Chapter nine, ‘Making Moscows, 1839–48’, begins by emphasising the political contingencies which were in play throughout the period of Chartist agitation. Navickas reviews the existing scholarship which demonstrates not only that the State’s response varied considerably depending on who was occupying the position of Home Secretary, but also that tensions between magistrates and military commanders added an additional layer of contingency at the local level. She then builds impressively on these foundations by demonstrating that local terrains also played an important role in shaping the nature of local confrontations between people and State. For example, Navickas shows how the steepness of the hills in towns such as Bradford, Colne and Oldham, rendered cavalry troops far less effective, whilst the narrow alleyways enabled the populace to ‘launch crossfire as the military attempted to ascend’ (p. 286). Yet there is a sense in which even this very clear demonstration of the importance of local place simultaneously demonstrates the limits of its influence. For in all of the confrontations between Chartism and the State the Chartists possessed superior knowledge of the local terrain, yet in every case the authorities quickly re-established ‘order’.
Navickas’s conclusion stresses the importance of the local and the complexity of the laboring class response to the nascent industrial capitalist order. Indeed, it might be argued that the hypothesis informing this study is, complex because local. As Navickas writes:
radical movements throughout this period were popular because they were locally based and loosely federated rather than homogeneous. The goals of parliamentary reform, universal suffrage and workers’ rights were simultaneously national and translated into local circumstances by a diverse range of political and social groups. The two co-existed and indeed interacted with each other, rather than the local being transmuted to a more generalist national identity or consciousness (p. 313).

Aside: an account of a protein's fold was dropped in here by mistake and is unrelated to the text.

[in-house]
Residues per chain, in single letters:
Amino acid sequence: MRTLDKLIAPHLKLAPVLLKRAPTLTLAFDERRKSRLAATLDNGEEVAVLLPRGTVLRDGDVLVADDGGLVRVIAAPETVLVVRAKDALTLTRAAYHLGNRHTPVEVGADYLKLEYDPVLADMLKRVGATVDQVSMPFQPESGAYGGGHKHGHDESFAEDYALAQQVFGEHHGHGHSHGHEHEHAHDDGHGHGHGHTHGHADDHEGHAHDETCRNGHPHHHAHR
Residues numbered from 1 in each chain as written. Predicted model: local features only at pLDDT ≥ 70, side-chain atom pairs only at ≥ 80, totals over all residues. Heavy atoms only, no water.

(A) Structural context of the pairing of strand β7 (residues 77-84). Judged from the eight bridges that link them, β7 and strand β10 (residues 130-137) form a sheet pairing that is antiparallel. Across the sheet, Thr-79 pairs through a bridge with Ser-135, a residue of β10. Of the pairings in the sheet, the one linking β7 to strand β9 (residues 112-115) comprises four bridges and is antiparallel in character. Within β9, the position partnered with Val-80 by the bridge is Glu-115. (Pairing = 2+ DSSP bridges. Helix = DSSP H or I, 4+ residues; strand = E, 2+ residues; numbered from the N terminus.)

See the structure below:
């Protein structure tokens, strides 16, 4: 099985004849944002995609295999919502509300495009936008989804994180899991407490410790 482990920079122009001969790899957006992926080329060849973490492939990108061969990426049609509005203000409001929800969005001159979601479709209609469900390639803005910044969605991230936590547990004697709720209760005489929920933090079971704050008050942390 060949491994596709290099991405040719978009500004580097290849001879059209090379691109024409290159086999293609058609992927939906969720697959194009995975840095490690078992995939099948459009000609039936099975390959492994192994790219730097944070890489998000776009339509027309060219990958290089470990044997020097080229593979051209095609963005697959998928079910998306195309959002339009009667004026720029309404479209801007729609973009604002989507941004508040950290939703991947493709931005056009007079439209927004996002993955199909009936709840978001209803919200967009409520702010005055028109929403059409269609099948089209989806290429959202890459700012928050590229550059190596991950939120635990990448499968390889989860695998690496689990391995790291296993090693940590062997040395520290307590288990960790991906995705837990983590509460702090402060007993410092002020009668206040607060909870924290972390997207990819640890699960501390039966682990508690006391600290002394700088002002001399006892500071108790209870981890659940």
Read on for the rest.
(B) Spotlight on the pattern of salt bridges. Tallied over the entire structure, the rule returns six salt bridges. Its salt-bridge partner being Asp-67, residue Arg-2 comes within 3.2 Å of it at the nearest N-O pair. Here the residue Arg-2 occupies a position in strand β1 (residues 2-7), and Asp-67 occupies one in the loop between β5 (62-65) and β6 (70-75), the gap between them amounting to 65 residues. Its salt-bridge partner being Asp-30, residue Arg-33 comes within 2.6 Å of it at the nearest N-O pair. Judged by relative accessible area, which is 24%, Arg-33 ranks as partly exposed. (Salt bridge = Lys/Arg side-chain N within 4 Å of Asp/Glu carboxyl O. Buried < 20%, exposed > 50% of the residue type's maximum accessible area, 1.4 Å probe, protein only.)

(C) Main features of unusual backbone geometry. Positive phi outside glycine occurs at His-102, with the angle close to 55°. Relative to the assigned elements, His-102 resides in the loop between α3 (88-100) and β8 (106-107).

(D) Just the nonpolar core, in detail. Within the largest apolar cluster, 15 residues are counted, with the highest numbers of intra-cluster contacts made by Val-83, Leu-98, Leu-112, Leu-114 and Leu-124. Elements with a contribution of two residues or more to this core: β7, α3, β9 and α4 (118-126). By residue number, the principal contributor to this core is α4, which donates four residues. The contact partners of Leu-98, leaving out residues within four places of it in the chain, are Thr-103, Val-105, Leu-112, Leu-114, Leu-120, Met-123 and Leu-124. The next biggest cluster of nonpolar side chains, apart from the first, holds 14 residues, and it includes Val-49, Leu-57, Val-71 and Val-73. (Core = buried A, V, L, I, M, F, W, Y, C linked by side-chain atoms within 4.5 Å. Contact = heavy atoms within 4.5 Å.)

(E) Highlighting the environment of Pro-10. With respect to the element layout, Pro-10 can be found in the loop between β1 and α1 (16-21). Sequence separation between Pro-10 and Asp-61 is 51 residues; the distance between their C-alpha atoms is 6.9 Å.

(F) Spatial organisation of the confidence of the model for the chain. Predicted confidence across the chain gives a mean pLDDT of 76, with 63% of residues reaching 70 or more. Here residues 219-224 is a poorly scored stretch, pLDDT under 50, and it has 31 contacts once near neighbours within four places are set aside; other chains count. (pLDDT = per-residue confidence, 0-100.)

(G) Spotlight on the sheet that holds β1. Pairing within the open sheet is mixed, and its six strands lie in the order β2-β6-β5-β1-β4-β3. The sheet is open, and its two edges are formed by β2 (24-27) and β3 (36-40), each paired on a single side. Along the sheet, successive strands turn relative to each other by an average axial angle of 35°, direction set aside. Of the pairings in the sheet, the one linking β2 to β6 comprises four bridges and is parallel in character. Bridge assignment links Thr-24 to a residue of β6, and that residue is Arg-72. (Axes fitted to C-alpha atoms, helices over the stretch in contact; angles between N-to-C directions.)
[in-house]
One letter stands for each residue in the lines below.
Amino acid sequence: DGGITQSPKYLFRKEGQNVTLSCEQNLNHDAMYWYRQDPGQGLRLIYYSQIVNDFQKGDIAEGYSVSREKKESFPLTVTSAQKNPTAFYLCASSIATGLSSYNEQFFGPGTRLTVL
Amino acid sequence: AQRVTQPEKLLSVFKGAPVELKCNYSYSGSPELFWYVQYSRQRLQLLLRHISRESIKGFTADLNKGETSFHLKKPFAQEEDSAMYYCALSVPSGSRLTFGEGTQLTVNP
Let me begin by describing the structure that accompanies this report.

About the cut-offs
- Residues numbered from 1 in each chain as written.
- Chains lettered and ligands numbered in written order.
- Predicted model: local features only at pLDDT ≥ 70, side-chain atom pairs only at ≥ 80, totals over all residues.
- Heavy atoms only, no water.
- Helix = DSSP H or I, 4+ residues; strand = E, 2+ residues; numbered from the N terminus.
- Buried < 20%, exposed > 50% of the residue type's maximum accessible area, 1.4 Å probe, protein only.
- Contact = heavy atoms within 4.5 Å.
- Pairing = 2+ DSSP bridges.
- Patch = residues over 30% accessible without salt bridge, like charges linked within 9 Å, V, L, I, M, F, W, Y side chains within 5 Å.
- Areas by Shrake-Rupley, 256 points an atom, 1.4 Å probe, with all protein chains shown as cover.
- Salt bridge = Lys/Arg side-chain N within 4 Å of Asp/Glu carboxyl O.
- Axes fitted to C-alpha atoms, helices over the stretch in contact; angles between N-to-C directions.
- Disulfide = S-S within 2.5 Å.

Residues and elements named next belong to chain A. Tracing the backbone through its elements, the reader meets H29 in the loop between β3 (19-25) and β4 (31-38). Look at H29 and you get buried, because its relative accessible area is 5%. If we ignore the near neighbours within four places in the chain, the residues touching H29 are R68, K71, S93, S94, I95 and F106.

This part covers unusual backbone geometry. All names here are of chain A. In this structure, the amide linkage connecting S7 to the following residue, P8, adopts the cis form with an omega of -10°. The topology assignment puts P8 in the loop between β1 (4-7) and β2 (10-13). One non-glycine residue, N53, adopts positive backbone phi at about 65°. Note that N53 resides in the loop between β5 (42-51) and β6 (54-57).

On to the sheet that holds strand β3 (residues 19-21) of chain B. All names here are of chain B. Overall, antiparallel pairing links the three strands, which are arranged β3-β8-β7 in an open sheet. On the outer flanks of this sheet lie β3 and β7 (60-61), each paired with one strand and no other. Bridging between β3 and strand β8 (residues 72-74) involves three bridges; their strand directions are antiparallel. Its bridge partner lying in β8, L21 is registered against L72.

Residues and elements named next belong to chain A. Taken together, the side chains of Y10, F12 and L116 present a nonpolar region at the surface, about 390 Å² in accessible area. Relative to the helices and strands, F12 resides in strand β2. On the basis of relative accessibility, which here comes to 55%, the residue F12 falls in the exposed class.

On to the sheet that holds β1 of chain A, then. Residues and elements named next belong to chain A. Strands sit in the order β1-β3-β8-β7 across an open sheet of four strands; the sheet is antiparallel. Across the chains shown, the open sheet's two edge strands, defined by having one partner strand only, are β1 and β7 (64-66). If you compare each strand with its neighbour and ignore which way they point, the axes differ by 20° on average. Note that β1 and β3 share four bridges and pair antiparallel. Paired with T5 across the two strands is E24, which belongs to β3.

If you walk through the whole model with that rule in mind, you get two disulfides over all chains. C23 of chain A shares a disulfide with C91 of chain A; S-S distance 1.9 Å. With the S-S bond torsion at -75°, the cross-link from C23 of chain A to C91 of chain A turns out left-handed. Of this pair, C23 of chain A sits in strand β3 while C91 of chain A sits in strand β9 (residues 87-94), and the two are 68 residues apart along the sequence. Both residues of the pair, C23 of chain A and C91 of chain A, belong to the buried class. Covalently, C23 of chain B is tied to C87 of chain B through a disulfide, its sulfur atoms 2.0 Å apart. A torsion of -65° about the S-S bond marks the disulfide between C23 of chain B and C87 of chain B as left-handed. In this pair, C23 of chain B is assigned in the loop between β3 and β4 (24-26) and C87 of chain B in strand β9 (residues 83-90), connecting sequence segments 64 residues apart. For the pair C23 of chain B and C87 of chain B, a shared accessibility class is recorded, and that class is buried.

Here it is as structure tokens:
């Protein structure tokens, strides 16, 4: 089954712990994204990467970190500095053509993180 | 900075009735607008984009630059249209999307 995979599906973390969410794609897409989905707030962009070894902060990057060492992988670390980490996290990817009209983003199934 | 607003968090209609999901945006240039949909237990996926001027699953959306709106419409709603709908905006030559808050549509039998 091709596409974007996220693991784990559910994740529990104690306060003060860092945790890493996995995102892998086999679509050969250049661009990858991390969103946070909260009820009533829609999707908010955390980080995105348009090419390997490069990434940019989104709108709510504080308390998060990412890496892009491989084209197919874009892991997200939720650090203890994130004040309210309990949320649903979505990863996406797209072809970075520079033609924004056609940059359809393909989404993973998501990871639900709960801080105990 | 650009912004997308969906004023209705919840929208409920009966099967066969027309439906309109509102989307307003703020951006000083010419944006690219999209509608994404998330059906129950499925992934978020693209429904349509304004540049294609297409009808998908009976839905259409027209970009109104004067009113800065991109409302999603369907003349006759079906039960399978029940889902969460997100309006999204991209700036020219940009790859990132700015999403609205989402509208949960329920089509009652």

An intriguing feature of this passage is that the terms ‘national’ and ‘local’ could be transposed with no diminution of insight, so that the sentence could read: ‘The goals … were simultaneously local and translated into national circumstances by a diverse range of political and social groups’. This suggests that Navickas has identified a crucial dialectic for the politics of her chosen period. The articulations (in the dual sense of joining and voicing) of space and place at both the national and the local level are indeed important features of the strategies and meanings of protest.
As noted earlier, Navickas punctuates the three parts of her study with three ‘vignettes’. These are a form of micro-chapter which resemble the series of ‘Chartist lives’ variously used by Malcolm Chase in his Chartism: A New History (1), to illustrate, complement or amplify the concerns of the chapter to which they were appended. They are intended to serve a similar function here, but their effectiveness is more uneven. The first two vignettes, ‘Radical locales’ and ‘Processions’, demonstrate the value of this approach. The first offers a concentrated history of the sustained radical commitment of four areas of North Manchester (Ancoats, New Cross, Angel Meadows and St George’s). Navickas quite literally maps radical activity across these districts to show how these communities sustained radical activity across generations. The second vignette is even more fascinating. It maps the routes of political processions in Manchester and Leeds and shows how Loyalist and radical marches followed totally distinct itineraries in the former, and identical ones in the latter. The vignette ends with a fascinating, if under-developed, point regarding the ending of parades celebrating the Queen’s birthday in Manchester in 1840. The final vignette, ‘New horizons in America’, comes as something of an anti-climax in comparison. Largely a litany of radical disappointments with, or in, the United States of America, this vignette lacks the sharpness of its two predecessors.